Can your 401(k) help with non-retirement goals?

Hui-chin Chen, a financial planner with Arlington, Va.-based Pavlov Financial Planning, who works with foreign nationals in their 20s to 40s, told MagnifyMoney some have other plans for their 401(k) than just retirement.

Many of her clients stayed in the U.S. for jobs after completing their college or graduate studies here. Although some eventually left the country, they still wanted their children to have the same study abroad experience. So they considered their 401(k) an education fund.

“They think, ‘Okay, I can leave some money in the U.S. I don’t care about taking it with me,” Chen explained. “‘And if I leave the money in the U.S., I might as well get some tax benefits. I can wait until I am older and I can take that money out to pay for their college.’”

Just keep in mind that if you try to tap your 401(k) for funds before you turn 59 1/2, you will likely face early withdrawal penalties and could be hit with income taxes.

The disadvantages of contributing to a 401(k)

While financial planners encourage foreign nationals to invest in their 401(k) in general, they would advise against the idea in some cases.

For those who are certain that they are just staying in the U.S. for a very short time, are in a relatively low tax bracket, and don’t see 401(k) as a long-term savings plan, experts suggest they open a taxable account — like a brokerage or savings account — or send money back home if they have better investment choices over there.

But do take note that you are a considered a U.S. resident from the tax perspective as long as you live in this country. This means if you invest outside the U.S., your income from those investments are still subject to U.S. taxes.

The tax benefits could justify the administrative hassle for those who have worked in the U.S. for a long time and have a big 401(k) balance. That’s because they are able to save a potentially significant sum of money without paying taxes upfront. And when they withdraw those funds later, they will likely be at a lower tax bracket and, hence, enjoy big tax savings.

For international workers whose stay in the U.S. is shorter, however, that tax benefit doesn’t necessarily pack the same punch, especially if their account has a smaller balance.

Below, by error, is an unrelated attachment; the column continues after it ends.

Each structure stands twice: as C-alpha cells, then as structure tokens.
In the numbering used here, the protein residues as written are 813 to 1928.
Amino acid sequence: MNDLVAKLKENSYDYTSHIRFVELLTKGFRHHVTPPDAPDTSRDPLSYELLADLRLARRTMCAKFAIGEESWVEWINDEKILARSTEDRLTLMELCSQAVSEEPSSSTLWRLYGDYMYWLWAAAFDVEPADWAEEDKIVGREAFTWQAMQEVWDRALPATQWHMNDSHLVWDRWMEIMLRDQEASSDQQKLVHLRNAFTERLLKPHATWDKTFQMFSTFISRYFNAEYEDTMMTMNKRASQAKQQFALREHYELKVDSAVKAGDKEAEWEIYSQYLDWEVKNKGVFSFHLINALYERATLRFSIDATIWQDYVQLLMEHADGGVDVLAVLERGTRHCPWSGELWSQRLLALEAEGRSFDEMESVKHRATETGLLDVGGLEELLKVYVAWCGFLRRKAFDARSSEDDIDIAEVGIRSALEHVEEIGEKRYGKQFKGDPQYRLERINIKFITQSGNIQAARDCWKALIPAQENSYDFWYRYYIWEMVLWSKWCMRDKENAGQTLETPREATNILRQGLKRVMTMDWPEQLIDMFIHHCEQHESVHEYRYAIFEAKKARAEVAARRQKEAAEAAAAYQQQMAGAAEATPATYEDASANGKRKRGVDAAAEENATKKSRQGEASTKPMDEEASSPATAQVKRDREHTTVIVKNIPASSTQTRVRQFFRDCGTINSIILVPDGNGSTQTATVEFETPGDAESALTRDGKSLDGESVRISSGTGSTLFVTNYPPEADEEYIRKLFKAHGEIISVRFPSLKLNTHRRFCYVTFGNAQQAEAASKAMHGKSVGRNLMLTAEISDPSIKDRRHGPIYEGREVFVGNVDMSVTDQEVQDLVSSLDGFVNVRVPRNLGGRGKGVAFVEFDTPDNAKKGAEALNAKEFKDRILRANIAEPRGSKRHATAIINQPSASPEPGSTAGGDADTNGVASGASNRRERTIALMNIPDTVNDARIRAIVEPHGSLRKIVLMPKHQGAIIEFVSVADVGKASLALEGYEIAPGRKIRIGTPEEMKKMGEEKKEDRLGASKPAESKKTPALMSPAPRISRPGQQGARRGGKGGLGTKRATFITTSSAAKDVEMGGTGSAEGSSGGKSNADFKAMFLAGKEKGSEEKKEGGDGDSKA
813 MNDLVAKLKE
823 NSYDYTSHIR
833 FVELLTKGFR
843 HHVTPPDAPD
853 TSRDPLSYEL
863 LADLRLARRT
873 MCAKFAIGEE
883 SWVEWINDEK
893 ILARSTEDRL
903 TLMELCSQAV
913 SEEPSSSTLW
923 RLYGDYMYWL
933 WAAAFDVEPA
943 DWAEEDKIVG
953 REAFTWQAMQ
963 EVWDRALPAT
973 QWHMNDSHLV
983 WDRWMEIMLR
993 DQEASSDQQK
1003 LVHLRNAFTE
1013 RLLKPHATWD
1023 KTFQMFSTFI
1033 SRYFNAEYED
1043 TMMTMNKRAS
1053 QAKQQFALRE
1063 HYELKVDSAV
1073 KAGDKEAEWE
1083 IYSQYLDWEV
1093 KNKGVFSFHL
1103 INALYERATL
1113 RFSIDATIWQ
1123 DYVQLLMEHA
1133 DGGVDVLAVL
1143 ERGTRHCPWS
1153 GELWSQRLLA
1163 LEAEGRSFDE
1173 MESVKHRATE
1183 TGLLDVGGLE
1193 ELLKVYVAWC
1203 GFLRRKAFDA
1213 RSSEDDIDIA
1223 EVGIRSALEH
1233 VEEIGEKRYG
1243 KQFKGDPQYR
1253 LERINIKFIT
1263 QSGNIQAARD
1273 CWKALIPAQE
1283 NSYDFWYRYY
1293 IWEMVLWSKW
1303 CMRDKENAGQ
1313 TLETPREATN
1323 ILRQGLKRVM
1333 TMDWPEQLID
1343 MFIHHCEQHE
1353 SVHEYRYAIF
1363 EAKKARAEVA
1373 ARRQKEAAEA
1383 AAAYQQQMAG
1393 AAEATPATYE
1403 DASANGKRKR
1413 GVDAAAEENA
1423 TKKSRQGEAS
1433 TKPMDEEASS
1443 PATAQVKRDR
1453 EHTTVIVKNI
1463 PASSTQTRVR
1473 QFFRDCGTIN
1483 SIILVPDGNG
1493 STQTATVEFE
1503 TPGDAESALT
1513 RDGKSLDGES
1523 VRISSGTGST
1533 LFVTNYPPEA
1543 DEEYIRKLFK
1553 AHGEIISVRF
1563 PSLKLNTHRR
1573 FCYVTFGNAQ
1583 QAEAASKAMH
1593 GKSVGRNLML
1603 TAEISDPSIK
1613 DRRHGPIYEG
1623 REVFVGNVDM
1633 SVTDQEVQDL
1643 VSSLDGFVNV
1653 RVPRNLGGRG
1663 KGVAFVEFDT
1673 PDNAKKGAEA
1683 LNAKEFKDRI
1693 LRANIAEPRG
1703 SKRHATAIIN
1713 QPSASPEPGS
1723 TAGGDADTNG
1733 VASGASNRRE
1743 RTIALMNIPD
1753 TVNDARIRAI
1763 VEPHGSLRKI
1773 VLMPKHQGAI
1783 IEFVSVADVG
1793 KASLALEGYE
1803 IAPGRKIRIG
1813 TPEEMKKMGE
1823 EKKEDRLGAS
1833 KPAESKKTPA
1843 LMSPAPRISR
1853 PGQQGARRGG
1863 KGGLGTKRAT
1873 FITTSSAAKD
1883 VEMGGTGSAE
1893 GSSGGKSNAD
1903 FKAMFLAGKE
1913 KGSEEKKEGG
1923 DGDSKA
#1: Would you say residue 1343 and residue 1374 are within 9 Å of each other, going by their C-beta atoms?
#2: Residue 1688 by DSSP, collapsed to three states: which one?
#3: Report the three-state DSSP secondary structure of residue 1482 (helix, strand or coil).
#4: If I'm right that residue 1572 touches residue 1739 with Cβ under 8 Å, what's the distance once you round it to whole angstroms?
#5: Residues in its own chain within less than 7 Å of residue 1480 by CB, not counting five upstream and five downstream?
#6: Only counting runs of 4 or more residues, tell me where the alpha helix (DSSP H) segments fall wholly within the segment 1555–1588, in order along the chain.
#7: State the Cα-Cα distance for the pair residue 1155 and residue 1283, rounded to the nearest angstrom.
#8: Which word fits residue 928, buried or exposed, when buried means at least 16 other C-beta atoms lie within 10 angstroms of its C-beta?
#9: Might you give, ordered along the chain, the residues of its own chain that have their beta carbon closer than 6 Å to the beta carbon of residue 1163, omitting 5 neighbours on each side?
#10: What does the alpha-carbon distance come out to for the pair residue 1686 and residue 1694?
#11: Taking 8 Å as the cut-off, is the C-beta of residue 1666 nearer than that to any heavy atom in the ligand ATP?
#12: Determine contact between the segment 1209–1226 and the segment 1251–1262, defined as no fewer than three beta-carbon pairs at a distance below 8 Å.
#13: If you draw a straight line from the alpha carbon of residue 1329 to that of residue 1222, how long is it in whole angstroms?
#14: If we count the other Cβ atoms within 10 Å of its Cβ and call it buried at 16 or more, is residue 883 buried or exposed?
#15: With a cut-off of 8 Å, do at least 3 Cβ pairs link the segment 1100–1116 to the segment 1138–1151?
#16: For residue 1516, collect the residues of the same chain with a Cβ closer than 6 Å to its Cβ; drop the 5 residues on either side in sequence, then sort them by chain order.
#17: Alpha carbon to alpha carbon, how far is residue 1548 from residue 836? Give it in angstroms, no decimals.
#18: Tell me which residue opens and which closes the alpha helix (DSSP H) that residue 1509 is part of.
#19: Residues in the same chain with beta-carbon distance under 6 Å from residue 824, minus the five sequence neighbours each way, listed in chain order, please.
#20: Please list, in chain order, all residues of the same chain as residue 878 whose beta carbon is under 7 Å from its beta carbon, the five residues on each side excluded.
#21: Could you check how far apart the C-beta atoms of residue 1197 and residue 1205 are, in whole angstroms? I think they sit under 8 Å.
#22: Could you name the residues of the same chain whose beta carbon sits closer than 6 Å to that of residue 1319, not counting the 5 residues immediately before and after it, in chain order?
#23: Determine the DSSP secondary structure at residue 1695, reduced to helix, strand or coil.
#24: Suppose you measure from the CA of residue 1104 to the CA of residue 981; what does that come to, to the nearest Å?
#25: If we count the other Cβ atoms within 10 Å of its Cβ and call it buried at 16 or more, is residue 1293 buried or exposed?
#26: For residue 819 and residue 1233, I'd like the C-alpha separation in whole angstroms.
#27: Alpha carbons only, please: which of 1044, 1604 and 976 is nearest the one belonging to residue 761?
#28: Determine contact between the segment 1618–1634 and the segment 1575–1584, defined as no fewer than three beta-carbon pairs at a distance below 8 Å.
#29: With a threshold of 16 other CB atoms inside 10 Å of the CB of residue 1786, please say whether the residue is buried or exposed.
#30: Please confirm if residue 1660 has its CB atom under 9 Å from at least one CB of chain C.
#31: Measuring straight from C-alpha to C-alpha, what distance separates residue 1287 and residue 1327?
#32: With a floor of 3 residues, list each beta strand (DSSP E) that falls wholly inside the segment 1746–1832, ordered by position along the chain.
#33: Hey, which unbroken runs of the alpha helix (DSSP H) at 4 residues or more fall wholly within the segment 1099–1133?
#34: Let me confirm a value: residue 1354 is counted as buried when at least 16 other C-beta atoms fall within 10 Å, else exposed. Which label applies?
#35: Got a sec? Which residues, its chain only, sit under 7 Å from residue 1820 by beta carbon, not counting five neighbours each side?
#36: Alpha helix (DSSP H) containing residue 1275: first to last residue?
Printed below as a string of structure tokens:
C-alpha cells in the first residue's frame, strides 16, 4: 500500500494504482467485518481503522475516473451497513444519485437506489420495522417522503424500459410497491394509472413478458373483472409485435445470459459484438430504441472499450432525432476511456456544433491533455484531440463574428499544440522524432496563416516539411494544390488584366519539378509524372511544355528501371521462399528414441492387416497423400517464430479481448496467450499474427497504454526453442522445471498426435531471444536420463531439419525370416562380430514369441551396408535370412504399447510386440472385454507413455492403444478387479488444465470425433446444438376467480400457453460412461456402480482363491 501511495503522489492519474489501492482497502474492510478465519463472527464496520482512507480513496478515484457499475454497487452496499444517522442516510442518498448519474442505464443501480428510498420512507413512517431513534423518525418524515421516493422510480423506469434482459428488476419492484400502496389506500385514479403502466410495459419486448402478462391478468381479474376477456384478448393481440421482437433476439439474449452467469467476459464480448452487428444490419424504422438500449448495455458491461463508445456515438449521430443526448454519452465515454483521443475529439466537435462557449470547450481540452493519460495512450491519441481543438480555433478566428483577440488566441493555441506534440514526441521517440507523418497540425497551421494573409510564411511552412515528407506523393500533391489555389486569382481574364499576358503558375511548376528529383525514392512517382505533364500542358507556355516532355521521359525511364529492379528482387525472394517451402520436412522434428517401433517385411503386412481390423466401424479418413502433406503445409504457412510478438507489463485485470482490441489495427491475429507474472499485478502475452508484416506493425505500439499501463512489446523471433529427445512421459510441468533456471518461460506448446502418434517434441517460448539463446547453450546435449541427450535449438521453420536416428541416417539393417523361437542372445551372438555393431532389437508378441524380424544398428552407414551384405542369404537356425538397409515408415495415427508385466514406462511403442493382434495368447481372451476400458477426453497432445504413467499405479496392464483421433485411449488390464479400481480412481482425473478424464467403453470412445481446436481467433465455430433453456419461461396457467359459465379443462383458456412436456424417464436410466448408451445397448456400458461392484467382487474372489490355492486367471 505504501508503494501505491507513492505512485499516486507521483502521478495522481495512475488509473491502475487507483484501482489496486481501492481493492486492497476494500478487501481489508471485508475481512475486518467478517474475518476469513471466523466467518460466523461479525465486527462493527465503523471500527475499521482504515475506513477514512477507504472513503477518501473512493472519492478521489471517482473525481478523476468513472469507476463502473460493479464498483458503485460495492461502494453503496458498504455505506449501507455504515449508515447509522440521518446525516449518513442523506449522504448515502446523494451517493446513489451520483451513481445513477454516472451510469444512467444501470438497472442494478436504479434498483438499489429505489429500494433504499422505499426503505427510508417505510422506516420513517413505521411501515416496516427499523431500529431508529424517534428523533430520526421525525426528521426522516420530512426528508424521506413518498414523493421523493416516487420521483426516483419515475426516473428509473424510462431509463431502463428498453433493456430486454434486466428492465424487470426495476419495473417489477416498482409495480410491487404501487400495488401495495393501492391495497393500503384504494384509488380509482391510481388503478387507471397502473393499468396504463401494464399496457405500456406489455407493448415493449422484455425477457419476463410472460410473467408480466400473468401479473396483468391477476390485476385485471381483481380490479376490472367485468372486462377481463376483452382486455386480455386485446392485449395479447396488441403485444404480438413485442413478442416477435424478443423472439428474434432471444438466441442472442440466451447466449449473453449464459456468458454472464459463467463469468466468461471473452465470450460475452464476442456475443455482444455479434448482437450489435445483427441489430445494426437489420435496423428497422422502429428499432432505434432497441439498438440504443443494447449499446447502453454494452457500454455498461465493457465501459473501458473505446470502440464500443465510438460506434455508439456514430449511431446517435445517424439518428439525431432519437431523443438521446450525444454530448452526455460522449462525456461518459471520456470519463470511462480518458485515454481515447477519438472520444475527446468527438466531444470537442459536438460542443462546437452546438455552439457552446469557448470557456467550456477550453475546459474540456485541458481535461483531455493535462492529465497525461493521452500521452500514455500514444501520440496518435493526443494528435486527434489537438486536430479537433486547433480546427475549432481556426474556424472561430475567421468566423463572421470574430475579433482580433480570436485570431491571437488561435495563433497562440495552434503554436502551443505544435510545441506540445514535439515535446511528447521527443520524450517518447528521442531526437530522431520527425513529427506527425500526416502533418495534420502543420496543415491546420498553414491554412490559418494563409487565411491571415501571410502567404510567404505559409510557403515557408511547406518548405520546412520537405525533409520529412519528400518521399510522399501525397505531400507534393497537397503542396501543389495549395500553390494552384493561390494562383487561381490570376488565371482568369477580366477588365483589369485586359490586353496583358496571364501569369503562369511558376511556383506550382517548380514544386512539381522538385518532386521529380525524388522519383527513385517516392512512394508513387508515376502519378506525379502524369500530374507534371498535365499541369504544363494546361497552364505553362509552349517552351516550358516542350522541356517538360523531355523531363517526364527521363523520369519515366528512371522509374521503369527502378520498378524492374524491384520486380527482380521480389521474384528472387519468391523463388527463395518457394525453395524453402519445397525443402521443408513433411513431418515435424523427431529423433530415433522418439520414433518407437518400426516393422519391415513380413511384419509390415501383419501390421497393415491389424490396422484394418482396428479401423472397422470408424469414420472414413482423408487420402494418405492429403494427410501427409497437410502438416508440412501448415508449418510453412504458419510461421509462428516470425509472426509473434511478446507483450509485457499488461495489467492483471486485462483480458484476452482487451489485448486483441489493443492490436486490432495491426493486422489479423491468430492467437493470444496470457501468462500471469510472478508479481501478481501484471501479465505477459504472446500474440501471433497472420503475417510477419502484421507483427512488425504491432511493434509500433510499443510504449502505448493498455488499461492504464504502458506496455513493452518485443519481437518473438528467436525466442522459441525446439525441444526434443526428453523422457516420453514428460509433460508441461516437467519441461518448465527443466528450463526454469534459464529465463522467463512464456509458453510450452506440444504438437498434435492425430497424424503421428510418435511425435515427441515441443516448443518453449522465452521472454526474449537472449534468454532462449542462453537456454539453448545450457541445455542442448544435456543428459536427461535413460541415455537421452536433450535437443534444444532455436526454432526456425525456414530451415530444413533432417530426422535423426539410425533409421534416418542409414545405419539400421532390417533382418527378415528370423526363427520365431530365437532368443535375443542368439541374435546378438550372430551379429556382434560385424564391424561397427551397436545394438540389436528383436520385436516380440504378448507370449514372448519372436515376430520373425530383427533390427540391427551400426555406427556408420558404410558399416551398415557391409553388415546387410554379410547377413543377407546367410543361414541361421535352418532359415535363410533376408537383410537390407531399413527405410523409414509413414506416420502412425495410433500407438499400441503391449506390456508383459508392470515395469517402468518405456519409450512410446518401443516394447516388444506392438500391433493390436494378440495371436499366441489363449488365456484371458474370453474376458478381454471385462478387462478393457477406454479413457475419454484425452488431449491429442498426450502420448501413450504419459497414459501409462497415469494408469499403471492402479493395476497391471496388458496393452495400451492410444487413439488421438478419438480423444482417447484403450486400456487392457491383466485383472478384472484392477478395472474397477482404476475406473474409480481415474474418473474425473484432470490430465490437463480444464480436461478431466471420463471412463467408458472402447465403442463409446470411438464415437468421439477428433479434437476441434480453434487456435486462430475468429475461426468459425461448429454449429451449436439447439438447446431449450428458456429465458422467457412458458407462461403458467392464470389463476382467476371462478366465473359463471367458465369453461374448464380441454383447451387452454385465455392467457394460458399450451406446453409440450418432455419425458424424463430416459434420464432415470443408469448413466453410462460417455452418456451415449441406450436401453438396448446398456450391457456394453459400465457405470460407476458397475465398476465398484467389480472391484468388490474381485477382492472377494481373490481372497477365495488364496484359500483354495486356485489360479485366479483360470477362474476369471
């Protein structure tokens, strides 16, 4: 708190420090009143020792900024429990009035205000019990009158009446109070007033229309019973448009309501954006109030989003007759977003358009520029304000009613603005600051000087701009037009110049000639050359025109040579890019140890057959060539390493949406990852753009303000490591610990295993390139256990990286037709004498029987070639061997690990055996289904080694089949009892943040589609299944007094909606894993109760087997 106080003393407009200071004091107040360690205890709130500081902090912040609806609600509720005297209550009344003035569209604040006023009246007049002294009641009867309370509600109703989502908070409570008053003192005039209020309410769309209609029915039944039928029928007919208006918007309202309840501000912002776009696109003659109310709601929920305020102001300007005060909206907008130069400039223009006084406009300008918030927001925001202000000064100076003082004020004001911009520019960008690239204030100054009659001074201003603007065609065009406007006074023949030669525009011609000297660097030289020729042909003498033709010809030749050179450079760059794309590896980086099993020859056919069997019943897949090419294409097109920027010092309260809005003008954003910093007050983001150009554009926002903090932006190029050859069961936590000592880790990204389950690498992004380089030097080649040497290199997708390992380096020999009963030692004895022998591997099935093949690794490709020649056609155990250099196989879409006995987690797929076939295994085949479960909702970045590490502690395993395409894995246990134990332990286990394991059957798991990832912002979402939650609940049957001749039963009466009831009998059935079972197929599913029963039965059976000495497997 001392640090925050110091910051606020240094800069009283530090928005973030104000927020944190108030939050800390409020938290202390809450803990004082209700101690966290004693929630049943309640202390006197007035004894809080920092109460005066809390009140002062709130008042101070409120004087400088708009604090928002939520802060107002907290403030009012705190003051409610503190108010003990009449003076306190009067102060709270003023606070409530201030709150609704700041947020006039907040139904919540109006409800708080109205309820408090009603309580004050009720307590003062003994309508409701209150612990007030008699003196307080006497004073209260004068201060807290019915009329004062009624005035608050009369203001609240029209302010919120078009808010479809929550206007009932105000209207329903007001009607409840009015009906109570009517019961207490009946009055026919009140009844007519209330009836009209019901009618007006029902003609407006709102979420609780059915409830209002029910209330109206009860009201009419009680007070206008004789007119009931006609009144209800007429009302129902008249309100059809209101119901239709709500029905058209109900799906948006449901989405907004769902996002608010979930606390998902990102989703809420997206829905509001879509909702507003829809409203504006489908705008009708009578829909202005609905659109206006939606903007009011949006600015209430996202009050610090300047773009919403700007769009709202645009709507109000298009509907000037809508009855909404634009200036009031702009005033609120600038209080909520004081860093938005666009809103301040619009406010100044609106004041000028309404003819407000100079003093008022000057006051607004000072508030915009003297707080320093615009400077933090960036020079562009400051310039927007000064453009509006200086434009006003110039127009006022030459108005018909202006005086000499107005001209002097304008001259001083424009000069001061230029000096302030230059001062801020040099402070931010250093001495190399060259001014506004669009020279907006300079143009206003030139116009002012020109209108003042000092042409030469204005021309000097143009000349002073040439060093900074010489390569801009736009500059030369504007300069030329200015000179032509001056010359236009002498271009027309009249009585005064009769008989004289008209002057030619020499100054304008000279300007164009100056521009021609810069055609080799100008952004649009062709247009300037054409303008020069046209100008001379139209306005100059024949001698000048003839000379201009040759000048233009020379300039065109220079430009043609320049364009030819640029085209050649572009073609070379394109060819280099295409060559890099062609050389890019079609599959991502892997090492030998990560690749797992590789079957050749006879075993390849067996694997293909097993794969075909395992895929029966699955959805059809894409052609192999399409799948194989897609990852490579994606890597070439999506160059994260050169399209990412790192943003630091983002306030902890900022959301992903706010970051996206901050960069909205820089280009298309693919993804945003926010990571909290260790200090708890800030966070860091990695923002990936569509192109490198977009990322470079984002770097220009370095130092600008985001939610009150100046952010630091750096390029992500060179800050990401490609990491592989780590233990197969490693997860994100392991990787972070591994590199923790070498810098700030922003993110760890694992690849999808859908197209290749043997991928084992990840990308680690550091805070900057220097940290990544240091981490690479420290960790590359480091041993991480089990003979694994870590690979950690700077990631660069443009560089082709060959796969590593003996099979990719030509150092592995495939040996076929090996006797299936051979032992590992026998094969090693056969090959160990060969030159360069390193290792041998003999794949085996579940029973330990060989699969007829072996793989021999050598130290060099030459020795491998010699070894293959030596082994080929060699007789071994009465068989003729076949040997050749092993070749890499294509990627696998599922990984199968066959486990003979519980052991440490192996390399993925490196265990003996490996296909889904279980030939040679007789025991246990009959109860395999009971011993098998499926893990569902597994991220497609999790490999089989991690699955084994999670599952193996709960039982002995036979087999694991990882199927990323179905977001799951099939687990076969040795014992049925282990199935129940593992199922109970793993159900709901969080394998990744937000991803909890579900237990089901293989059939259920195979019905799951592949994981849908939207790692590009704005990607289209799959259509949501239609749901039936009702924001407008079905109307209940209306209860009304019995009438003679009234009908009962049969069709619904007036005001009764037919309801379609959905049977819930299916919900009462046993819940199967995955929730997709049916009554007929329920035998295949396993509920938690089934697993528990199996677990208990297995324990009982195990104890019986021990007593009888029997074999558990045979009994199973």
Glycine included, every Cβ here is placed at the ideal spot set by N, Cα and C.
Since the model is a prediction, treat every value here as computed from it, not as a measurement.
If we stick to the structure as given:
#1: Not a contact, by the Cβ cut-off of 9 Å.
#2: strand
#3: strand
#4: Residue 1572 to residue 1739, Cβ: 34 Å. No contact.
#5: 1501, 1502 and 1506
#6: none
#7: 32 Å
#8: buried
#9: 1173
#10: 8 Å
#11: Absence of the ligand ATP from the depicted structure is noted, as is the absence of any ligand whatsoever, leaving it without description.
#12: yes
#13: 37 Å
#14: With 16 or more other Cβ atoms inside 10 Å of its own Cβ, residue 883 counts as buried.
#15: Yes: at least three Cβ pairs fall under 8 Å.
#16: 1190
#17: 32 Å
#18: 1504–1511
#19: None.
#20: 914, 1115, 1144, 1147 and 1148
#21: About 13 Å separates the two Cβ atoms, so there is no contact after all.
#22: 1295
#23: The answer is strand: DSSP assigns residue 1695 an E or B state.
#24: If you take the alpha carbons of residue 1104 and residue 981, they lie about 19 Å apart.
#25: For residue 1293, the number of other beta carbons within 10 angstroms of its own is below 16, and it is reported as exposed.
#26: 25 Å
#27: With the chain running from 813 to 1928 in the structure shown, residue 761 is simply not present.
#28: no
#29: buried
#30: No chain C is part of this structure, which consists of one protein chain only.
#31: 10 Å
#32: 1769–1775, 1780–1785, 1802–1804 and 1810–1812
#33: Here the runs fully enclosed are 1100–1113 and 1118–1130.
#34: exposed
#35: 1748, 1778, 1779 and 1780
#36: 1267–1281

“It’s OK if [your 401(k) is worth] $200,000. If it’s $18,000, the benefit is offset,” said Andrew Fisher, president of Worldview Wealth Advisors, a financial advisory firm that specializes in working with cross-border individuals with U.S. connections.

How much should I invest and where do I invest?

If you’ve decided to open a 401(k) with a U.S. company, the next challenge is figuring out how much to save and where to save it.

The answer to the first question — how much to save — is simple if your company offers a match.

Sirui Hua, 26, a producer with a New York-based digital media company, told MagnifyMoney that he saves 4 percent of his income in his 401(k). His employer offered to match up to 4 percent of his income and he didn’t want to give that up.

“If I don’t save the money now, I’d have nothing when I go back,” Hua said. “At least I would have a little something one day I go home.”

Hua, originally from China, was recently approved for his work visa by his employer, which allows him to continue working in the U.S. for up to six years. Knowing that he has a full six years of stable work ahead of him, he is planning to increase his 401(k) contribution. He’s still not sure if he’ll use it as a retirement account if he returns home to China, but he would rather take the opportunity while he has it.

At least contribute enough to capture the full match. From there, consider increasing your contribution based on your other financial goals.

Depending on your personal goals and future plans, contribute more if you are able to. Just remember the legal contribution limit for 401(k)s is $19,500 in 2020.

It may also make sense to save cash in a standard savings account so that you can access money in an emergency. Remember, early 401(k) withdrawals come with potential tax penalties.

What do I do with my 401(k) if I leave the country?

This is the question that has deterred many foreign workers from investing in their 401(k) accounts.

There are basically two solutions: You can either leave it in the U.S. or take the money out and deal with the tax and early withdrawal penalties — and the potential hassle of getting a U.S.-based bank to transfer funds to an international account.

Leaving your 401(k) in the U.S.

You can leave your 401(k) with your employer’s plan administrator or you can roll it over into an IRA.

In general, pros recommend that you do not cash out your 401(k) before age 59 1/2 (to avoid penalty) if you don’t have to. Keeping your 401(k) is the easiest solution.

“It’s less likely that [the plan providers] will say, ‘We have to close your account,’” Hui-chin Chen said. ”Because as long as you are still a plan participant, they cannot kick you out unless there is plan provision specifying it.”

That being said, you will want to check in every now and then to be sure your investments are properly allocated based on your needs. Hui-chin Chen notes that companies may offer good low-cost index funds with balanced asset allocations for employees. However, it’s important to be sure your investments are well-balanced and you’re not taking on more risk than is suitable for your age and goals.